Personally i dont care for his work, i remember my ironclad battleship being sunk by mounted calvary with lances and uninstalled right then and there never looking back. dont remember what civ that was. but i got civ 5 free on steam and have not installed it.

MooncalfReviews
MooncalfReviews

@cheese232323 I think way back in the day he had a few good games under his belt, so his name became a brand. Those were different times.

Kayweg
Kayweg

@Ripper_TV Agreed. I have a lot of respect for Sid Meier, but i think he'd have a slightly different opinion if his games were published by EA or Activision.


Kickable
Kickable

@Saketume I too think it sounds a bit strange the kind of freedom he's talking about, but what do I know I'm no developer.  I'll assume he's not literally talking about flying by the seat of his pants.

I guess it depends on developer, some really should be very cautious.  It's still a fairly new idea, they warn project leaders that they could be liable for legal damages to sponsors.  and being a gamer I know we are fickle idealistic unforgiving bastards when it comes to our expectations not being met.  I know at least one of the developers mentioned above is so filthy rich(the guy's been to fucking outerspace) a failure would be a different story for him.  Assuming Meier isn't close to that guy's level of success i think he's got pretty sensible concerns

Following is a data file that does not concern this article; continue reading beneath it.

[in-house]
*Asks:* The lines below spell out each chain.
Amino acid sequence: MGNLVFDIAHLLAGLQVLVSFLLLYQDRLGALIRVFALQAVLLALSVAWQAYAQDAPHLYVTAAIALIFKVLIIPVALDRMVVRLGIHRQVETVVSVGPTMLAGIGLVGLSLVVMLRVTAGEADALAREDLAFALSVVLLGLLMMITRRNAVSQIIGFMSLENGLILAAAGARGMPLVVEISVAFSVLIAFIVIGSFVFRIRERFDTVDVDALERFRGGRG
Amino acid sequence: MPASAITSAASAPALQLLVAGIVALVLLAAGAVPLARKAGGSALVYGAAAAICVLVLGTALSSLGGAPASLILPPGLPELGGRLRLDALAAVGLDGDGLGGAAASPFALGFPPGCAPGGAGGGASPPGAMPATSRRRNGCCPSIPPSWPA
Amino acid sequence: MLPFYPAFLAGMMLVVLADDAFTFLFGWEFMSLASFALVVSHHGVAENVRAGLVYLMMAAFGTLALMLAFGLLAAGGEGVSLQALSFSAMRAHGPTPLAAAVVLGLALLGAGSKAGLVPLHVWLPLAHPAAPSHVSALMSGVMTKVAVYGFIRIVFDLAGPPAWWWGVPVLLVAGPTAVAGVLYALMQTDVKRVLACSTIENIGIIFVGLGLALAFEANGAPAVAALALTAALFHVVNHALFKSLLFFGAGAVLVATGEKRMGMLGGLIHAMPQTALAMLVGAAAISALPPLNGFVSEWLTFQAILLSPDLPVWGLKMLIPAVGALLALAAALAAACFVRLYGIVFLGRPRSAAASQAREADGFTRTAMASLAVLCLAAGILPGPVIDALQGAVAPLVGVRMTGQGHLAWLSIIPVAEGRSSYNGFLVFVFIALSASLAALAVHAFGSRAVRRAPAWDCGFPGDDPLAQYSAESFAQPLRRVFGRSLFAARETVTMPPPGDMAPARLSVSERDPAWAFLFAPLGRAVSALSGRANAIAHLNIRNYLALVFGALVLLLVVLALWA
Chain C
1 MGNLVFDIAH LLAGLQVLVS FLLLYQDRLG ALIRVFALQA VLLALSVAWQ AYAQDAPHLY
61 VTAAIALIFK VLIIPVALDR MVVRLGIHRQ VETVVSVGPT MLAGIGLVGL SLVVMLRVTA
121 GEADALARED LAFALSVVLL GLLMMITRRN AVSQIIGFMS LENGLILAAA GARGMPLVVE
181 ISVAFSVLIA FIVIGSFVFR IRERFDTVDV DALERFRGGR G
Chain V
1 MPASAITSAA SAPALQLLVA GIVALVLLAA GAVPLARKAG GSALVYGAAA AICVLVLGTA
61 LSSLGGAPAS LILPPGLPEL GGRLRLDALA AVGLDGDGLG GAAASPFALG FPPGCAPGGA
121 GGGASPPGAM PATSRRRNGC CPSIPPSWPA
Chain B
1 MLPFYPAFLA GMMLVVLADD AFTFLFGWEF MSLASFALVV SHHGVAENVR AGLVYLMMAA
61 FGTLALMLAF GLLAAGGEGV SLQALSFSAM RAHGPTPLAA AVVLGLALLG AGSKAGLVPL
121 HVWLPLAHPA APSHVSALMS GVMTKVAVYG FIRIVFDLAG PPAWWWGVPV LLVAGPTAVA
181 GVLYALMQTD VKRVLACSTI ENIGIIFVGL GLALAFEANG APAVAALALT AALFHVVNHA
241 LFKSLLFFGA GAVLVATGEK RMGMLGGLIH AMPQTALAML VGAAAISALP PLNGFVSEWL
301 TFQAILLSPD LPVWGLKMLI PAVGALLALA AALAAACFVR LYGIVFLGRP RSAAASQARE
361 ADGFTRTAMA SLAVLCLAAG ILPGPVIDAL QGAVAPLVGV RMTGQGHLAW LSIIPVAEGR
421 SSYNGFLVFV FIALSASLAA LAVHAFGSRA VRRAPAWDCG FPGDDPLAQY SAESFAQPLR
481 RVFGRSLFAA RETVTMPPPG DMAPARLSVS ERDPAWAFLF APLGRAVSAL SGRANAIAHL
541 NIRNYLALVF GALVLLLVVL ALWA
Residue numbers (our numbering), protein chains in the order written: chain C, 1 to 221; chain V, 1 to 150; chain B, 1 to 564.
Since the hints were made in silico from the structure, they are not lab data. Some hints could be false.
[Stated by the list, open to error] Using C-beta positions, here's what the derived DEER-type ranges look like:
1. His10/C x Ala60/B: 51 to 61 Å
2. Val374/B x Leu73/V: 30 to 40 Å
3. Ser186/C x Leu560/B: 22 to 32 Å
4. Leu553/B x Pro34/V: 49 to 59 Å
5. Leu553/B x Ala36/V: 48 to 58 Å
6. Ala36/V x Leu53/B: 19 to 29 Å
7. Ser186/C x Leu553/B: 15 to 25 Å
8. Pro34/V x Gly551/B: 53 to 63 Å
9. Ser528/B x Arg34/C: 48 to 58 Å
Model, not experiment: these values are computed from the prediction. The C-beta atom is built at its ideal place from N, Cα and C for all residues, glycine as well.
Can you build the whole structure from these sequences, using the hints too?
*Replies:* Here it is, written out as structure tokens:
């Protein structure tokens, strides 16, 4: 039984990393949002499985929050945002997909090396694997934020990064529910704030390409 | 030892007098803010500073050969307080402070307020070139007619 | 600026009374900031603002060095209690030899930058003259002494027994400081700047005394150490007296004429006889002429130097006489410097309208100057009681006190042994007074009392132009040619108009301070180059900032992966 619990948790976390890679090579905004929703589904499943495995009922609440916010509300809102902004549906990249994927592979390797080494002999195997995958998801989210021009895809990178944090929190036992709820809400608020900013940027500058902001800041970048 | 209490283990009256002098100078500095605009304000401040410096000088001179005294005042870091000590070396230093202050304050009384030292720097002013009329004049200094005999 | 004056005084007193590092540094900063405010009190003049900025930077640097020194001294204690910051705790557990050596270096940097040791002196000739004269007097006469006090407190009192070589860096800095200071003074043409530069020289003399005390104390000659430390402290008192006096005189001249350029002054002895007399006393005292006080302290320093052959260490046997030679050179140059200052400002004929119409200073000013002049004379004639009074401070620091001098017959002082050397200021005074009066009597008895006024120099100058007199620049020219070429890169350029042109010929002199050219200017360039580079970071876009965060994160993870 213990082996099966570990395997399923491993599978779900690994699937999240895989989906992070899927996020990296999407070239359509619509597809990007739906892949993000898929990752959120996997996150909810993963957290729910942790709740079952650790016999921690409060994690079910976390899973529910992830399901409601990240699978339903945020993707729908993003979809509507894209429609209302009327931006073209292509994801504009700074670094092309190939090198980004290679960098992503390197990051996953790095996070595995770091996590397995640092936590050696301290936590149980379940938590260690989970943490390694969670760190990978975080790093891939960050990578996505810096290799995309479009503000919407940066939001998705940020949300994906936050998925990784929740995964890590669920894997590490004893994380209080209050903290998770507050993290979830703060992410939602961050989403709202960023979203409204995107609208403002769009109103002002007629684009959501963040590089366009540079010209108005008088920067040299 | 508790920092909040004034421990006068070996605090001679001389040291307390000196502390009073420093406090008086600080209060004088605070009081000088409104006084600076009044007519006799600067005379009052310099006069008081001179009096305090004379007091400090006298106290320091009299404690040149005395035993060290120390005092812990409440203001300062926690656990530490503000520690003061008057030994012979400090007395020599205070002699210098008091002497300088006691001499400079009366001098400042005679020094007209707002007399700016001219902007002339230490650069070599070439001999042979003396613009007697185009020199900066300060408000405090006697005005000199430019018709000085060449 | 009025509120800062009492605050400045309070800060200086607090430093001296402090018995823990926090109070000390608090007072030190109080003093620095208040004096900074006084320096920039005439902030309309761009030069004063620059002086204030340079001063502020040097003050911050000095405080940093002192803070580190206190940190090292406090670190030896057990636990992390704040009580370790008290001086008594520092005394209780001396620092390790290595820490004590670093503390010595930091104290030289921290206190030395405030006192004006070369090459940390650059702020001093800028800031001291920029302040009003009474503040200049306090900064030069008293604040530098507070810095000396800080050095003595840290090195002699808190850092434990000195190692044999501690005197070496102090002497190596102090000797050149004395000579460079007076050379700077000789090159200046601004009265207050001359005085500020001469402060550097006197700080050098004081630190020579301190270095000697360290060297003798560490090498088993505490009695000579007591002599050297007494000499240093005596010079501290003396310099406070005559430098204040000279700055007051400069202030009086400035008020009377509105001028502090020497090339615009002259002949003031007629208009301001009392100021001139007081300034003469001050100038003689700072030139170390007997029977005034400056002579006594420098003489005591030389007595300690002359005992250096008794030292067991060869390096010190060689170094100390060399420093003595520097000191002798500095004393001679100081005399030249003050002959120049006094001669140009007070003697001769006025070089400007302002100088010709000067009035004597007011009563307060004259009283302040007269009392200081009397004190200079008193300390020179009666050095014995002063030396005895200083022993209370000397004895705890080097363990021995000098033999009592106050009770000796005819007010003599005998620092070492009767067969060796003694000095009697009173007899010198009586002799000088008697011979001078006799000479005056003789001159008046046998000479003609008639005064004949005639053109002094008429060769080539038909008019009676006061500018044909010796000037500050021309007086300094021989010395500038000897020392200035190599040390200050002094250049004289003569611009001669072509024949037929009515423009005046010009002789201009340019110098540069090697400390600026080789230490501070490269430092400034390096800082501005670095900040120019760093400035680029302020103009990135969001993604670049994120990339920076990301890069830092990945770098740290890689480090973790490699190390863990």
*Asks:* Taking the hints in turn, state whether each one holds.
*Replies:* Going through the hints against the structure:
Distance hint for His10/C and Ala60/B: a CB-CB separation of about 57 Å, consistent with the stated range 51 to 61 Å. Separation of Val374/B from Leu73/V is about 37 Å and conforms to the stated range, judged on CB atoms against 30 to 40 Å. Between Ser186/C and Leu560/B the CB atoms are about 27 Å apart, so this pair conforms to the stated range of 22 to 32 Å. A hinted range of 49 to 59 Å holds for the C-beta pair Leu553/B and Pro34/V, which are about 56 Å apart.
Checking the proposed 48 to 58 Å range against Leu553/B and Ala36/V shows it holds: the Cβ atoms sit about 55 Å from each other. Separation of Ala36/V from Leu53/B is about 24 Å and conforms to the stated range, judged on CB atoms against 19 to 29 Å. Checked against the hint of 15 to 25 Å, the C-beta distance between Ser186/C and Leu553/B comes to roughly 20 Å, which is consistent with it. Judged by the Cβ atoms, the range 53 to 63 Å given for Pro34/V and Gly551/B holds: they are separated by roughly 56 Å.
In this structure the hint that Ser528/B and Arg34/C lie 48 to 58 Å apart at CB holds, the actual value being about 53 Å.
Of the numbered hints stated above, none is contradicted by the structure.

JRLennis
JRLennis

@Saketume Civ 4 and Civ 5 don't count as interesting?  I wonder what kind of gamer you are, no offense.

I respect Sid's opinion.  Kickstarter isn't for everyone.  Fortunately for Sid he seems to have a great working relationship with 2K, so he can keep producing the games he wants with little fuss.  We should envy such an arrangement.  The reason everyone is swooning over Kickstarter in the first place is that most publishers have no vision and have stopped giving us the games we want.  A GOOD publisher is a much better alternative, creatively, than being forced to Kickstart your own project.